Protests were also planned in the southern city of Amara. Al-Sadr has threatened to launch a civil revolt if attacks against his followers are not halted.
The Iraqi government was holding talks with aides of al-Sadr in Najaf on Thursday to try to end the crisis, Liqa Ali Yassin, a member of Sadr's 32-member parliamentary bloc, said.
On Wednesday, al-Sadr had demanded that al-Maliki leave Basra and send a parliamentary delegation for talks on resolving the crisis. The violence began on Tuesday, when Iraqi troops launched operations in Basra on Tuesday to rid the city of "lawless gangs".
Fighting then spread to al-Sadr's stronghold in Baghdad and other cities. Iraqi sources told Al Jazeera that about 60 civilians were killed in a US air strike on the city of southern city of Hilla, although there were conflicting reports.
Iraqi security sources said that 29 people were killed. In Tikrit, at least seven civilians were reportedly killed and nine others were wounded in US air strikes that destroyed two homes. Three US employees were also seriously injured in rocket and mortar attacks on the Green Zone in Baghdad.
Convoy attack Colonel Karim al-Zaidi, a police spokesman, said the convoy of Major General Abdul Jalil Khalaf, Basra's police chief, was hit by a suicide car bomber around 1am on Thursday [22:00 GMT Wednesday] as it passed through the streets of the city.
He said: "Three policemen were killed in the attack," adding that Khalaf was unharmed. Residents said the streets of the oil-rich city of 1.5 million people were deserted on Thursday and that shops and businesses were shut.
Before the latest fighting, Basra had become the battlefield for a turf war between the Mahdi Army and two rival Shia factions - the Supreme Iraqi Islamic Council (SIIC) of Abdel Aziz al-Hakim and the smaller Fadhila party.
The three factions are fighting to control the huge oil revenues generated in the province, which was transferred to Iraqi control by the British military in December. Sadr's powerful movement called protest rallies for Thursday "to express no confidence in the Maliki government" in the wake of the Basra assault.
US military spokesman Major General Kevin Bergner told a news conference on Wednesday that 2,000 extra Iraqi security forces had been sent to Basra for the operation. He said it was aimed at improving security in the city ahead of provincial elections in October.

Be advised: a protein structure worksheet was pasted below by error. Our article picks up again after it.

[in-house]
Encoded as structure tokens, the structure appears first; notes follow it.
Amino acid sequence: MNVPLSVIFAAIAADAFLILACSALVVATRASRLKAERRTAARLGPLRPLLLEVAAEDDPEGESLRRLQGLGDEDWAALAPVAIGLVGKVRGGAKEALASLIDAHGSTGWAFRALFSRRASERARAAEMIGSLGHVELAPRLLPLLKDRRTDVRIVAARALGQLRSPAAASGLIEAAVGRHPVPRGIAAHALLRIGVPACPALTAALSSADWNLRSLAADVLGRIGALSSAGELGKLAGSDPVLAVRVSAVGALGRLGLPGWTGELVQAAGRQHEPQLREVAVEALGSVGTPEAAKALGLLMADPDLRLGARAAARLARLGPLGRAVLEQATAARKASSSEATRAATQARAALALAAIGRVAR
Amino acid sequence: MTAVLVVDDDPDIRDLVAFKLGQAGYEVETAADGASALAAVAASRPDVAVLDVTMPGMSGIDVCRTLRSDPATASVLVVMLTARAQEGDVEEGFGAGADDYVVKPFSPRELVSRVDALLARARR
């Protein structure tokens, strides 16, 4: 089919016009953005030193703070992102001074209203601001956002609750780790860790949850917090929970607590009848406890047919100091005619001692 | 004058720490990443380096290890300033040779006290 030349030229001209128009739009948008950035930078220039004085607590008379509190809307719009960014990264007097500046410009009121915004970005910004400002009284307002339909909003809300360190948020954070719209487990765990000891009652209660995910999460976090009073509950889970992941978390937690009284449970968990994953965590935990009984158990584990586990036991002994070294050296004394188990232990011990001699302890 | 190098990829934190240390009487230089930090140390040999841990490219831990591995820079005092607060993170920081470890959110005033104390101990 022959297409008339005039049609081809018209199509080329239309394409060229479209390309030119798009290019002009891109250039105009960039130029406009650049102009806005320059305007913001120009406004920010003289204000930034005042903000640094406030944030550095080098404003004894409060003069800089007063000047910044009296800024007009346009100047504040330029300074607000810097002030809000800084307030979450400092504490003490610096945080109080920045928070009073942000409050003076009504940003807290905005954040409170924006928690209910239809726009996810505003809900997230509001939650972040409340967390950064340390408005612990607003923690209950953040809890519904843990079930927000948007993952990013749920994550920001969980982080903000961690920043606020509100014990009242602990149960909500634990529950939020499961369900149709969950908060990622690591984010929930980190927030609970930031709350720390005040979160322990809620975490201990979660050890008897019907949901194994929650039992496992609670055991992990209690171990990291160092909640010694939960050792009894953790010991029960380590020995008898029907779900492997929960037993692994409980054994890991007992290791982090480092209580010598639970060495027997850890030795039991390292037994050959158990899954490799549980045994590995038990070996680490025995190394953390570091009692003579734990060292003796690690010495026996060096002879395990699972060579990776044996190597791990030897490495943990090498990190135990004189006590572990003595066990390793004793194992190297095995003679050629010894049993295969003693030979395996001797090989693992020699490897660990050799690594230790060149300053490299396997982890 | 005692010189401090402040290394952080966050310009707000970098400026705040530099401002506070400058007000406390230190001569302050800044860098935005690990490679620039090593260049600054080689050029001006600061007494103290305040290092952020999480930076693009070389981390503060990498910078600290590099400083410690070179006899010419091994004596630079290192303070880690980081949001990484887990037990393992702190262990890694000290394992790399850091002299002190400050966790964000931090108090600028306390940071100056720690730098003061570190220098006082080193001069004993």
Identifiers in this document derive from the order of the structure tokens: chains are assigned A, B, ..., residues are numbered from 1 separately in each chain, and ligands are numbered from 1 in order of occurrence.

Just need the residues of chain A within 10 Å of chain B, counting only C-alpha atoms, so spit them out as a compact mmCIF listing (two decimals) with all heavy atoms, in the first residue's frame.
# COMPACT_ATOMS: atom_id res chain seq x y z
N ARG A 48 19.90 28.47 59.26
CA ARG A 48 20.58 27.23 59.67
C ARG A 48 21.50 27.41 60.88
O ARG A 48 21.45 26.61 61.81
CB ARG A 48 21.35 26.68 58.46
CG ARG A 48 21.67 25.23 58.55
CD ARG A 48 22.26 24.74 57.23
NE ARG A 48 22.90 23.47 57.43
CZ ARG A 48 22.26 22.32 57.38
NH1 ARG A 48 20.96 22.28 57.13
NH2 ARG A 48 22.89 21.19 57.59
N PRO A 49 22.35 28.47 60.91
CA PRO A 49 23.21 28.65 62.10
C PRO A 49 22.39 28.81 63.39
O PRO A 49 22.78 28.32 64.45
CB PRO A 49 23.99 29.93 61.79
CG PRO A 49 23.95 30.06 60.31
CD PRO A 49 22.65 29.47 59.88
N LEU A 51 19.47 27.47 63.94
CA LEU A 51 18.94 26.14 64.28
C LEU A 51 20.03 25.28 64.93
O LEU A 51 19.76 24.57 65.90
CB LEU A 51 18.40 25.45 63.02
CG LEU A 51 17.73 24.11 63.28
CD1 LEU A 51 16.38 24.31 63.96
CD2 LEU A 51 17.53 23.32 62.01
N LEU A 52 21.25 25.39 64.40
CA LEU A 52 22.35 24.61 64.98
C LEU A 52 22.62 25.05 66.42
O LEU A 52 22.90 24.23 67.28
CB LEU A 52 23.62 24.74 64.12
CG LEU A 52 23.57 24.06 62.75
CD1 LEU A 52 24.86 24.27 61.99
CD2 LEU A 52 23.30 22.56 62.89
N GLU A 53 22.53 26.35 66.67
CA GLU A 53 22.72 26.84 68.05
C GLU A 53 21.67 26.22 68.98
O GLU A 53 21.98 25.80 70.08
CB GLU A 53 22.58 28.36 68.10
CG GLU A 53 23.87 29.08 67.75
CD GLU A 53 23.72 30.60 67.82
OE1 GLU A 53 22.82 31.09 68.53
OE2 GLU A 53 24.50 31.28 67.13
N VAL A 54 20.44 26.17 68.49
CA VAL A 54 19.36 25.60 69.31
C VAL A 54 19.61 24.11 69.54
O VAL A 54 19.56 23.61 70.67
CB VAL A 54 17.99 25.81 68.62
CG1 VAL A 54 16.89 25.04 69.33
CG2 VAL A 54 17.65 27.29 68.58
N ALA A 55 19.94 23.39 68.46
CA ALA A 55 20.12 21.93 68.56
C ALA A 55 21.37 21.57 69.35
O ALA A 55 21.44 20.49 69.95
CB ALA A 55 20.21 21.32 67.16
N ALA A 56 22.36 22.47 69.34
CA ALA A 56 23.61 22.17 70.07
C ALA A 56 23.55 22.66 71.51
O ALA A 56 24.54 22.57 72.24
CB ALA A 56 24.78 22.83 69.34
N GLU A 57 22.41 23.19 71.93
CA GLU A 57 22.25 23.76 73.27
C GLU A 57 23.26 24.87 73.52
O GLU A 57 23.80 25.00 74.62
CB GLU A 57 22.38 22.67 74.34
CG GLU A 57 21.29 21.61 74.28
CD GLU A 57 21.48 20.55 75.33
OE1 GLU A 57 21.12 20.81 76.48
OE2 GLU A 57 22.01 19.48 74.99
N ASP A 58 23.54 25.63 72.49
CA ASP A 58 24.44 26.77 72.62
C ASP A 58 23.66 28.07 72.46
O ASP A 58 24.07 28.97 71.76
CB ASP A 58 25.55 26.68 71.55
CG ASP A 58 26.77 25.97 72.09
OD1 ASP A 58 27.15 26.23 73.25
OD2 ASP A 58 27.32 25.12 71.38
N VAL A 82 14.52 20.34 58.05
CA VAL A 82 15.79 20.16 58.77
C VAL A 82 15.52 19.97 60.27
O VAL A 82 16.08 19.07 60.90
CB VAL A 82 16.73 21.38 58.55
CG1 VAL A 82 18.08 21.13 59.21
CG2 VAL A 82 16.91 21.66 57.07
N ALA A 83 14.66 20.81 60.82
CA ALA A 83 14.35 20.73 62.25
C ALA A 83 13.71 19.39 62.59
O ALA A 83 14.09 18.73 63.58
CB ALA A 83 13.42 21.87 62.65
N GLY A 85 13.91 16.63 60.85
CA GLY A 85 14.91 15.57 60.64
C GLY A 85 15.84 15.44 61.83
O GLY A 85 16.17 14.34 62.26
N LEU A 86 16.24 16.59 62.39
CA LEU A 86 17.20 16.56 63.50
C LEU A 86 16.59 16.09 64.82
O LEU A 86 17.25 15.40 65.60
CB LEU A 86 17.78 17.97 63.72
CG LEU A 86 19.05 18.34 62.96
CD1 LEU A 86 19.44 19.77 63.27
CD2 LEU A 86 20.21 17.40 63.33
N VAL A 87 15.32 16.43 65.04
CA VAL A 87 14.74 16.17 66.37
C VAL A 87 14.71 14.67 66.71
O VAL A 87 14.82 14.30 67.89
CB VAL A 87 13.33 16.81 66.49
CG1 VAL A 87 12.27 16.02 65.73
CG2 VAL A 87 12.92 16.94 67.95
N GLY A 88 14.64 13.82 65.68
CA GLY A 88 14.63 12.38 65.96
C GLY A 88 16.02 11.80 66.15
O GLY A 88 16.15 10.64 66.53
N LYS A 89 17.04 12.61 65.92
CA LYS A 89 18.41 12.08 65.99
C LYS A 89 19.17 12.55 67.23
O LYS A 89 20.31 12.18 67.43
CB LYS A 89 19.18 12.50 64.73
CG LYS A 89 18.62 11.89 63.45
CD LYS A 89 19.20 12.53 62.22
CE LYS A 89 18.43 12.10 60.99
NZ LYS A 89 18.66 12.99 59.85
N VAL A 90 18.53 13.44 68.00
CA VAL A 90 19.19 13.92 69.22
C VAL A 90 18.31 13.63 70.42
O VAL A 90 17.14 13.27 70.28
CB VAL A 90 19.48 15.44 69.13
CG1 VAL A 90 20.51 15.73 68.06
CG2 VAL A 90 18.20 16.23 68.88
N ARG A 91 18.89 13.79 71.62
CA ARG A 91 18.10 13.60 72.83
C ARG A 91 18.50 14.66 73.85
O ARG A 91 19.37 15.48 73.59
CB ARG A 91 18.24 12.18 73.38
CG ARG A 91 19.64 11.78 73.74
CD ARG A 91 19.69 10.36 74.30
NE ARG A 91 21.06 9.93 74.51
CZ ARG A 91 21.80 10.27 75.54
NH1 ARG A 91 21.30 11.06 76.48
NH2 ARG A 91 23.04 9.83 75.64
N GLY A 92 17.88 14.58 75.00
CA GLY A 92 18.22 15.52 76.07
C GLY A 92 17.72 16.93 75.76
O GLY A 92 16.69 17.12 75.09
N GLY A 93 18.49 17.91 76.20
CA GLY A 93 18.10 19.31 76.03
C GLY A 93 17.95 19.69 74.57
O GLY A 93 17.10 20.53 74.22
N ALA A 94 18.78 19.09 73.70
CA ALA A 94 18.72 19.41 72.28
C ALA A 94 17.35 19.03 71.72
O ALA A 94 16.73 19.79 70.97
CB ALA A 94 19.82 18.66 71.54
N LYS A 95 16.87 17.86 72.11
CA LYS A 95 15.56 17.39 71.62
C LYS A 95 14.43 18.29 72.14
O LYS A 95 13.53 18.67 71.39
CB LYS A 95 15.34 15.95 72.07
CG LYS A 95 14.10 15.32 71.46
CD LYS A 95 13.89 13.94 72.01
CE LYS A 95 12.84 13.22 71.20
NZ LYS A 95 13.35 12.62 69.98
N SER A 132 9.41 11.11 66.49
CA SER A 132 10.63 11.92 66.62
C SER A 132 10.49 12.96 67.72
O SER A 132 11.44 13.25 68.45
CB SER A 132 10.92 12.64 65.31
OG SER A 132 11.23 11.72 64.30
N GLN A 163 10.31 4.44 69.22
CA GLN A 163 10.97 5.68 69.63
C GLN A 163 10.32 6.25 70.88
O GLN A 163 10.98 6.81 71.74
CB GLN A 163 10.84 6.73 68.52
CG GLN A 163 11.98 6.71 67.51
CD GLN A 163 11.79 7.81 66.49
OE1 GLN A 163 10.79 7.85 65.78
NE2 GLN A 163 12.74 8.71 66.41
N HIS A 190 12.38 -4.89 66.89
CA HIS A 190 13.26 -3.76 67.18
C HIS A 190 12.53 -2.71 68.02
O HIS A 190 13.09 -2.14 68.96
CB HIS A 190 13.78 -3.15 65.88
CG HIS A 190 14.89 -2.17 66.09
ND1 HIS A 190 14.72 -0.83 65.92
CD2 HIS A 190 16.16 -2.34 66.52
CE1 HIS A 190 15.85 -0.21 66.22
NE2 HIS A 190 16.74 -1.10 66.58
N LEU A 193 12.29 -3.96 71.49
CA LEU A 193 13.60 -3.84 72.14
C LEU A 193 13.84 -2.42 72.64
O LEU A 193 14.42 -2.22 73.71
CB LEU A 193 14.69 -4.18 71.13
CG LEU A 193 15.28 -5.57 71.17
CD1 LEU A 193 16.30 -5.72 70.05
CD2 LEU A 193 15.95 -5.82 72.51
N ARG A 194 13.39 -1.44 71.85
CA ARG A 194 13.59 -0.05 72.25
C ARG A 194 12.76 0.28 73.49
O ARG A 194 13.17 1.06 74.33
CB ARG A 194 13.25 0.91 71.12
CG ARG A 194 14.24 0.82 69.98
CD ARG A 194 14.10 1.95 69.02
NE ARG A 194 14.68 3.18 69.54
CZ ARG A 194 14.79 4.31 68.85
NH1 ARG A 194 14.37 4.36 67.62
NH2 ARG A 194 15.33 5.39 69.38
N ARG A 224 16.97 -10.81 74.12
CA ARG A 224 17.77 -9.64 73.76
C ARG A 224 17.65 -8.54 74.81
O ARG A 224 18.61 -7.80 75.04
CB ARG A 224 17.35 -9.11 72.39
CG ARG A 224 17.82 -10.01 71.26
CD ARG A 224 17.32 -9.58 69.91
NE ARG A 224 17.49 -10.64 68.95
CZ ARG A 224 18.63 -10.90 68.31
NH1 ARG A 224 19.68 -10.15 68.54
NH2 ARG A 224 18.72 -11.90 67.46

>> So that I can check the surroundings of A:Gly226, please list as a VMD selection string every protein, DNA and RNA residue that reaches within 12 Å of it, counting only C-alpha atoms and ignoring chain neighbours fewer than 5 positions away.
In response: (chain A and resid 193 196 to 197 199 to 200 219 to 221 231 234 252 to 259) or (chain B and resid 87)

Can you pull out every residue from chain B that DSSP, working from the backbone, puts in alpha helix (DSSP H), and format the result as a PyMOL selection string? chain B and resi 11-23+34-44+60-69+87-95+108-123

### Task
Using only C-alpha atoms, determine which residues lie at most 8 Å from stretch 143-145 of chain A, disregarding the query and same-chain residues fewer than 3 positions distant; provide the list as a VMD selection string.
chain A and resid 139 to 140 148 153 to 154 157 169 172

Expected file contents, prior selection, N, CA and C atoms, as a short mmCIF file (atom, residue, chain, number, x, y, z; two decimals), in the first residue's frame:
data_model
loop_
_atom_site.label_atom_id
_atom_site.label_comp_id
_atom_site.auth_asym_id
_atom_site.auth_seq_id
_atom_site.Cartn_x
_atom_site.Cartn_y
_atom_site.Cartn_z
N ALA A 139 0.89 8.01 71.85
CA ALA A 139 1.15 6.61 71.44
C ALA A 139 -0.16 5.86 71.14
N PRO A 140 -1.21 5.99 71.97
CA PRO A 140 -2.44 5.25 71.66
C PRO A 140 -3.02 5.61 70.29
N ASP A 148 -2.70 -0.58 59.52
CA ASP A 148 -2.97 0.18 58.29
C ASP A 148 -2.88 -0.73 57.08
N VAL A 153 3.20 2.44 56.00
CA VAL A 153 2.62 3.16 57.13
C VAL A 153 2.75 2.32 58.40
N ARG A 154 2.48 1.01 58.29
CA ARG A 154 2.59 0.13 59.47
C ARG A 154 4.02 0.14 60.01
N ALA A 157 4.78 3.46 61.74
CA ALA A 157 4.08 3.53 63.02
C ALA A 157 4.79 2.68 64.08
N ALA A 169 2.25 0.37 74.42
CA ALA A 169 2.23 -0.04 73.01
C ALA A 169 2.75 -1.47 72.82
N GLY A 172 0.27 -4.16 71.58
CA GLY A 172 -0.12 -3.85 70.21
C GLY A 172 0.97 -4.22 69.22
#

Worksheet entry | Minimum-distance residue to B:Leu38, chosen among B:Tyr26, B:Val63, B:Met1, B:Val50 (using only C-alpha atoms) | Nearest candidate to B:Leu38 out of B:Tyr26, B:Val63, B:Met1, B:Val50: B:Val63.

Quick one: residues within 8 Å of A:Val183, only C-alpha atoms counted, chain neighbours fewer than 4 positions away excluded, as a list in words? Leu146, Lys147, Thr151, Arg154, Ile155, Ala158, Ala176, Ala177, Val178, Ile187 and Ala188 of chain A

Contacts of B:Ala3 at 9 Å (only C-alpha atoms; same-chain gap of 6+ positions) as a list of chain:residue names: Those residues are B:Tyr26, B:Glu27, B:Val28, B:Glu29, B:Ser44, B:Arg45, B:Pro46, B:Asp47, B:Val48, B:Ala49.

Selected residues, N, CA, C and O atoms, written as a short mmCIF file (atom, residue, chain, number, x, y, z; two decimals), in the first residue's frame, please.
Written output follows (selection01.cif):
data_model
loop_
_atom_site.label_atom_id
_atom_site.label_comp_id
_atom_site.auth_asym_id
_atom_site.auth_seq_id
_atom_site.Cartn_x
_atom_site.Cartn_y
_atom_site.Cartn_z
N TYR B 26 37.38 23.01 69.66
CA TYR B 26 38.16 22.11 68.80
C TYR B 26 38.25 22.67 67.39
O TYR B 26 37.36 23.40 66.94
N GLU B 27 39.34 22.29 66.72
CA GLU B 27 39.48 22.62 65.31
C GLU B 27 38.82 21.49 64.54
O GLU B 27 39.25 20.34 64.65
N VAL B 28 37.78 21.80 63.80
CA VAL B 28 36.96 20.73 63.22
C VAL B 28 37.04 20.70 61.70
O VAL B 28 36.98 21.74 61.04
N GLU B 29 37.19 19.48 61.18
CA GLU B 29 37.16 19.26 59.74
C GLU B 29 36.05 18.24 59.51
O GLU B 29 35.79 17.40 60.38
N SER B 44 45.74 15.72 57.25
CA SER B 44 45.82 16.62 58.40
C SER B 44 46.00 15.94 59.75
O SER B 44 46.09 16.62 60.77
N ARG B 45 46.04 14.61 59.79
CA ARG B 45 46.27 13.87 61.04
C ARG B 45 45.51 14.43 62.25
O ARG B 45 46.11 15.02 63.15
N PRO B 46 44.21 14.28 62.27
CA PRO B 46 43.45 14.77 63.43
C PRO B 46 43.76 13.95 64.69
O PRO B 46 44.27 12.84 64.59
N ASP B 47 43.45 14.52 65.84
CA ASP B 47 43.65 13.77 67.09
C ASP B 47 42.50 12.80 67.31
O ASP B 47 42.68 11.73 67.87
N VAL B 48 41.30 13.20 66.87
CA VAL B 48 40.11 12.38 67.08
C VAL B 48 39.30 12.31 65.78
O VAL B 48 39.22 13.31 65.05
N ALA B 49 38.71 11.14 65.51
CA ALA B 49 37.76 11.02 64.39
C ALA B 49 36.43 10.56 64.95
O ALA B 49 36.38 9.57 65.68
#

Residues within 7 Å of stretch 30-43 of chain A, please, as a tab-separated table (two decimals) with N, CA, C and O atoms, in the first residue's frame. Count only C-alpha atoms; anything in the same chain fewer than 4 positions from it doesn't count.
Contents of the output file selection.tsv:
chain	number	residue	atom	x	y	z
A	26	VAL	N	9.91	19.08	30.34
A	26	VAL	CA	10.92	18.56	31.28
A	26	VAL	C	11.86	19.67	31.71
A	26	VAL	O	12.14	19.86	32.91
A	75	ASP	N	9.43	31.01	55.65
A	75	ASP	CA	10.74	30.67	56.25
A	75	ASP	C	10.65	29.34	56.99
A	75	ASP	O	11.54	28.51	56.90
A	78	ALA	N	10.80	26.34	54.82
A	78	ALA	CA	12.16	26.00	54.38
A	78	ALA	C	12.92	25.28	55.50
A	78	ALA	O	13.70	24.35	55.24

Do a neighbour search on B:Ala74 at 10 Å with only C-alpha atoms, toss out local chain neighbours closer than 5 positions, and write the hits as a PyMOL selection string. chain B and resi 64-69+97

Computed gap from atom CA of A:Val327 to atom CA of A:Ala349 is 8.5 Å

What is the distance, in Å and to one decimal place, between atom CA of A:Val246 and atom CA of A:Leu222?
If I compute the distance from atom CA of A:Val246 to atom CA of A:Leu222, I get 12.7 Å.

"The prime minister's assessement is that without this operation there will not be any hopeful prospect of improving security in Basra," Bergner said.
Al Jazeera's James Bays, reporting from Baghdad, said the crackdown in Basra was meant as a show of strength by al-Maliki. He said: "I think the prime minister is trying to put his stamp in this operation. No one expected that he would go to Basra."
"Al-Maliki wants to show that he is in control because in the past, he was seen as a weak, impotent leader."
WATCH the Video
The internal Shia conflict in Iraq - 26 Mar 08
You won’t see this on your TV.
The latest violence in Iraq has put extreme pressure on a ceasefire by the Mahdi Army - a ceasefire that has been credited with reducing the violence, not just in Basra, but across the country.
The Mahdi Army announced that the ceasefire is still in place.
But for how long? Owen Fay reports.
Tens of Millions in Oil Stolen from Iraq EVERY Day
U.S. investigators say that corruption is rampant in Iraq's oil sector, with as much as $30 million worth of oil being stolen EVERY effing day!
Oil records that facilitate organized theft burned anyway. And burned again.
Help stop the criminals at http://www.michaelmoore.com/
Riz Khan - Phil Donahue - 26 Mar 08
You won’t see this either
We talk to Phil Donahue, the founder and star of the first talk show in the US.
Are We Really That Ill?
By CHRISTOPHER LANE | March 26, 2008
CHICAGO - America has reached a point where almost half its population is described as being in some way mentally ill, and nearly a quarter of its citizens - 67.5 million - have taken antidepressants.